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İstanbul Teknik Üniversitesi (2012)

Effect Of Sun-drying On Polyphenols And In Vitro Bioavailabity Of Sarilop And Bursa Siyahi Figs (ficus Carica L.)

KAMİLOĞLU Senem

Titre : Effect Of Sun-drying On Polyphenols And In Vitro Bioavailabity Of Sarilop And Bursa Siyahi Figs (ficus Carica L.)

Güneşte Kurutmanın Sarılop Ve Bursa Siyahî İncirleri (fıcus Carıca L.) Polifenolleri Ve İn Vitro Bioyararlılığına Etkisi

Auteur : KAMİLOĞLU Senem

Université de soutenance : İstanbul Teknik Üniversitesi

Grade : Master of Science (MS) 2012

Résumé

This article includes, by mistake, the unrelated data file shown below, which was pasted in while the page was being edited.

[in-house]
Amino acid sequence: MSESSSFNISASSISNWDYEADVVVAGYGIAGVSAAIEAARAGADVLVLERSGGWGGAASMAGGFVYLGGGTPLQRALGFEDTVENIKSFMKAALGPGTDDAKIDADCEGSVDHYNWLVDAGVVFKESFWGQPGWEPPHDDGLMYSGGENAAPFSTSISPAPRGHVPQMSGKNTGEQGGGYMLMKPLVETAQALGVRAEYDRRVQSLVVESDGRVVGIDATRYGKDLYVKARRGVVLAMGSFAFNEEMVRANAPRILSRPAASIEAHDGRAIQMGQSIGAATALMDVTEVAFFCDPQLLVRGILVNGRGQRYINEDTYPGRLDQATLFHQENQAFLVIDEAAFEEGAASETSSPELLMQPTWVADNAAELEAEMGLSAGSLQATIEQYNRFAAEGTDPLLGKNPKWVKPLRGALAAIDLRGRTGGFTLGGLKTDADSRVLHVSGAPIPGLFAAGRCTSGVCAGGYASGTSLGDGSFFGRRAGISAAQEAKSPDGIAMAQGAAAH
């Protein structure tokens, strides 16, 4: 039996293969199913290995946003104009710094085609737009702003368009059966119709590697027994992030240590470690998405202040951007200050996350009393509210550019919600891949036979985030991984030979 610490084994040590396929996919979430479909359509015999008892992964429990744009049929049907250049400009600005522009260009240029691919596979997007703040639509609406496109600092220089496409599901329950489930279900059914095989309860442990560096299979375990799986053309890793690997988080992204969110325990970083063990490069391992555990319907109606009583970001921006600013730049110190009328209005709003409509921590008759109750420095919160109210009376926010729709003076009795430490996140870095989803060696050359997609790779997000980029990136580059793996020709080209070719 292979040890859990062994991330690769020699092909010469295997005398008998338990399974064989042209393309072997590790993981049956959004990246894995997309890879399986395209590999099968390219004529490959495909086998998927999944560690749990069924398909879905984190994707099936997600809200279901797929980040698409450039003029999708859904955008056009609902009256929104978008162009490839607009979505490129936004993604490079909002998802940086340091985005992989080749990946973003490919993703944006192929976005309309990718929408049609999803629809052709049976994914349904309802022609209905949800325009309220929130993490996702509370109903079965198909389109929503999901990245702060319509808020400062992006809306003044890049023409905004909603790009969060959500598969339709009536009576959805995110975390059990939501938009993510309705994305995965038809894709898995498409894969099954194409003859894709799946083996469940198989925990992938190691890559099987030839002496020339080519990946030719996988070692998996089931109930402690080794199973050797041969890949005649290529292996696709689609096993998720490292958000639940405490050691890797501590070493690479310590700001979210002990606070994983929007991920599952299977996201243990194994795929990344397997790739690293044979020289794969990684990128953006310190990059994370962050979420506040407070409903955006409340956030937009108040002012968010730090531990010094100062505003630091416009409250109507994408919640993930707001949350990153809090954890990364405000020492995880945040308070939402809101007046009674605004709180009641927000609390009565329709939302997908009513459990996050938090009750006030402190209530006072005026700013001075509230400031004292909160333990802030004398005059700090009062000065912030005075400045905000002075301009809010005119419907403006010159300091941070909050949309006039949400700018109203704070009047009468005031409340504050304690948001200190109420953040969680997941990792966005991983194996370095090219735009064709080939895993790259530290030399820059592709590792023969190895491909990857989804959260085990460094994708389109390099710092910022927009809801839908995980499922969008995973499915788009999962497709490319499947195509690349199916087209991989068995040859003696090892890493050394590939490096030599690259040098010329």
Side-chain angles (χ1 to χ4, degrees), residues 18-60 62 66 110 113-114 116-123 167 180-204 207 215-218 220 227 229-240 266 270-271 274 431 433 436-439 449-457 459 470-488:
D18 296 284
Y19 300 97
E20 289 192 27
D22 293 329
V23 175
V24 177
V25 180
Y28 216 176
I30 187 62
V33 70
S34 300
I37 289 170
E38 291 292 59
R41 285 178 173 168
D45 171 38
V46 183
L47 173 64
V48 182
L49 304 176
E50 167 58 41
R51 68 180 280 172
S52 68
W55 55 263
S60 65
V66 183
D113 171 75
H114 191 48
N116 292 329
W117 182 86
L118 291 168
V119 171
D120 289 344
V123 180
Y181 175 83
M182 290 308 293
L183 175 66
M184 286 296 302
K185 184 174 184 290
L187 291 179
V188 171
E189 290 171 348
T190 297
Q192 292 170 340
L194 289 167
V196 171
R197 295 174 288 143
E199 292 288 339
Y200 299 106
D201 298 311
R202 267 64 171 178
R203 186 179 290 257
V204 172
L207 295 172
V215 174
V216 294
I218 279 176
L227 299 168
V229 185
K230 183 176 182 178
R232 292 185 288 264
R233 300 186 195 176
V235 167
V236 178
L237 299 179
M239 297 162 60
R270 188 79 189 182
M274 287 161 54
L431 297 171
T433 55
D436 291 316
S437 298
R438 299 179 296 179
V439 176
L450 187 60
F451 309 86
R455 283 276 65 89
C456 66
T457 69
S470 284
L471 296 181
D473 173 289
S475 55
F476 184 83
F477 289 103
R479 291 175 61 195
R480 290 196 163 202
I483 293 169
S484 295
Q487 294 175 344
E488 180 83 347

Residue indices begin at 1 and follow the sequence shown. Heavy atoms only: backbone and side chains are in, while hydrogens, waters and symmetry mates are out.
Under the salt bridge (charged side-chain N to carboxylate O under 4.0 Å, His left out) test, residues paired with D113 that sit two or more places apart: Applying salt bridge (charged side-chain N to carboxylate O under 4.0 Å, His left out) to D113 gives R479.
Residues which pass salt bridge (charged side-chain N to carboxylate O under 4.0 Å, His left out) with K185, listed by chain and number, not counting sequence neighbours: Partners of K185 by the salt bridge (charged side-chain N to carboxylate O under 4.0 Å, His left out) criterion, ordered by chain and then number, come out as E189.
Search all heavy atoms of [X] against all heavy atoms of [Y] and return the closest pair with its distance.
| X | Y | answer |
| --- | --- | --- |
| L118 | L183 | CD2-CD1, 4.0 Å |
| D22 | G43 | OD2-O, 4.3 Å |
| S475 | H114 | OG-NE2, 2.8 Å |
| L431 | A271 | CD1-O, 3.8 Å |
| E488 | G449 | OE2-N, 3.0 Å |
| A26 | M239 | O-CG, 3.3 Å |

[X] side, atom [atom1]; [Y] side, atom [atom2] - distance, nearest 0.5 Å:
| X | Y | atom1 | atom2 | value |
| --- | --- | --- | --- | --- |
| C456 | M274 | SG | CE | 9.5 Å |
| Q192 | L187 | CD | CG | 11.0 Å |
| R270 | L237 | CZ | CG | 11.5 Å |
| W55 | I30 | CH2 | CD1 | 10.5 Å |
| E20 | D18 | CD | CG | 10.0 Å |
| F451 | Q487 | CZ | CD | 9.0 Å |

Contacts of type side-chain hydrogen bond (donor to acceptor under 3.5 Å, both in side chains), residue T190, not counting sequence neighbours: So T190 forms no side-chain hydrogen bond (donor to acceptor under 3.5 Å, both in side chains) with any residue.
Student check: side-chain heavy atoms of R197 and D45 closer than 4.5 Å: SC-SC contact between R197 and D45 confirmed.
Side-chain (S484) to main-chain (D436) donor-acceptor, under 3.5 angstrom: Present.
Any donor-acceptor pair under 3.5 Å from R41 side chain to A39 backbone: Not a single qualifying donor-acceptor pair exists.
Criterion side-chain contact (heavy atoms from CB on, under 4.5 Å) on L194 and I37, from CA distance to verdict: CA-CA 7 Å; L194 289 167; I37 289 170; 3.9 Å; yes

Figs have been consumed as a part of Mediterranean diet for centuries either as fresh or dried fruit. Many epidemiological studies suggest that regular consumption of fruits and vegetables, including fig fruit, can play an important role in preventing cancer and cardiovascular diseases. The nutritional value of figs created an interest in the effect of processing on its valuable compounds showing antioxidant activity. In this study, in order to investigate the effect of sun-drying on the health-related constituents as well as bioavailability of figs ; total phenolics, flavonoids, proanthocyanidins, anthocyanins, lycopene, antioxidant capacity, major phenolic compounds and color properties were determined for two commercial fig varieties (Sarilop and Bursa siyahi) differing in color (yellow and dark purple) along with simulation of in vitro gastrointestinal (GI) digestion. For each variety, four fractions were prepared, skin, pulp, and whole and dried fruit and all samples were obtained as three replicates. Major phenolic compounds were determined using high-performance liquid chromatography (HPLC) coupled with photodiode array (PDA) and fluorescence detectors. The results showed that the moisture loss induced by processing fresh fig fruits into dried fruits was found to be 30% and 56% for Bursa siyahi and Sarilop varieties, respectively. In order to eliminate the differences in the moisture contents, all results are expressed on dry weight basis. Fresh Sarilop skin showed lightness values (L*) of 63.4 and hue angles (H°) of 96.1, indicating a bright yellow color ; whereas fresh Bursa siyahi skin showed lightness values (L*) of 33.4 and hue angles (H°) of 324.7, attesting to the typical dark purple color. Fresh fruit skins appeared to be brighter than dried ones, as reflected by 10% and 18% decrease in L* for Sarilop and Bursa siyahi, respectively. Total phenolic contents were found to be 211.2 mg GAE/100 g dry weight and 492.9 mg GAE/100 g dry weight for fresh Sarilop and Bursa siyahi, respectively. Fruit skins had higher phenolic content than pulps, as expected. After drying, both the decrease by 8% in total phenolic content of Sarilop and the 15% decrease in case of Bursa siyahi were not statistically significant (p<0.05). Total flavonoid contents of fresh Sarilop and Bursa siyahi was found to be 8.0 mg CE/100 g dry weight and 65.6 mg CE/100 g dry weight, respectively. Most flavonoids were located in the fruit skin (62.8 and 233.6 mg CE/100 g dry weight for Sarilop and Bursa siyahi, respectively). The decrease in total flavonoid content as a result of drying was found to be 21% in Bursa siyahi ; on the other hand an increase by 70% was observed in Sarilop when dried. For Bursa siyahi, there was no significant difference between fresh and dried fruits, however, dried fruits of Sarilop were significantly higher than fresh fruits (p<0.05). Total proanthocyanidin contents were determined as 6.5 mg cyanidin eq./100 g dry weight and 61.9 cyanidin eq./100 g dry weight for fresh Sarilop and Bursa siyahi, respectively. Drying resulted with a significant decrease by 75% in total proanthocyanidin content in Bursa siyahi figs whereas a statistically significant increase by 70% was observed in Sarilop (p<0.05). Total anthocyanin contents were found to be 4.6 mg cyanidin-3-glucoside eq./100 g dry weight for Sarilop, and 83.4 mg cyanidin-3-glucoside eq./100 g dry weight for Bursa siyahi. Among two varities, Bursa siyahi showed the highest anthocyanin content, with most of the anthocyanins accumulated in the fruit skin (195.5 mg of cyanidin-3-glucoside eq./100 g dry weight)

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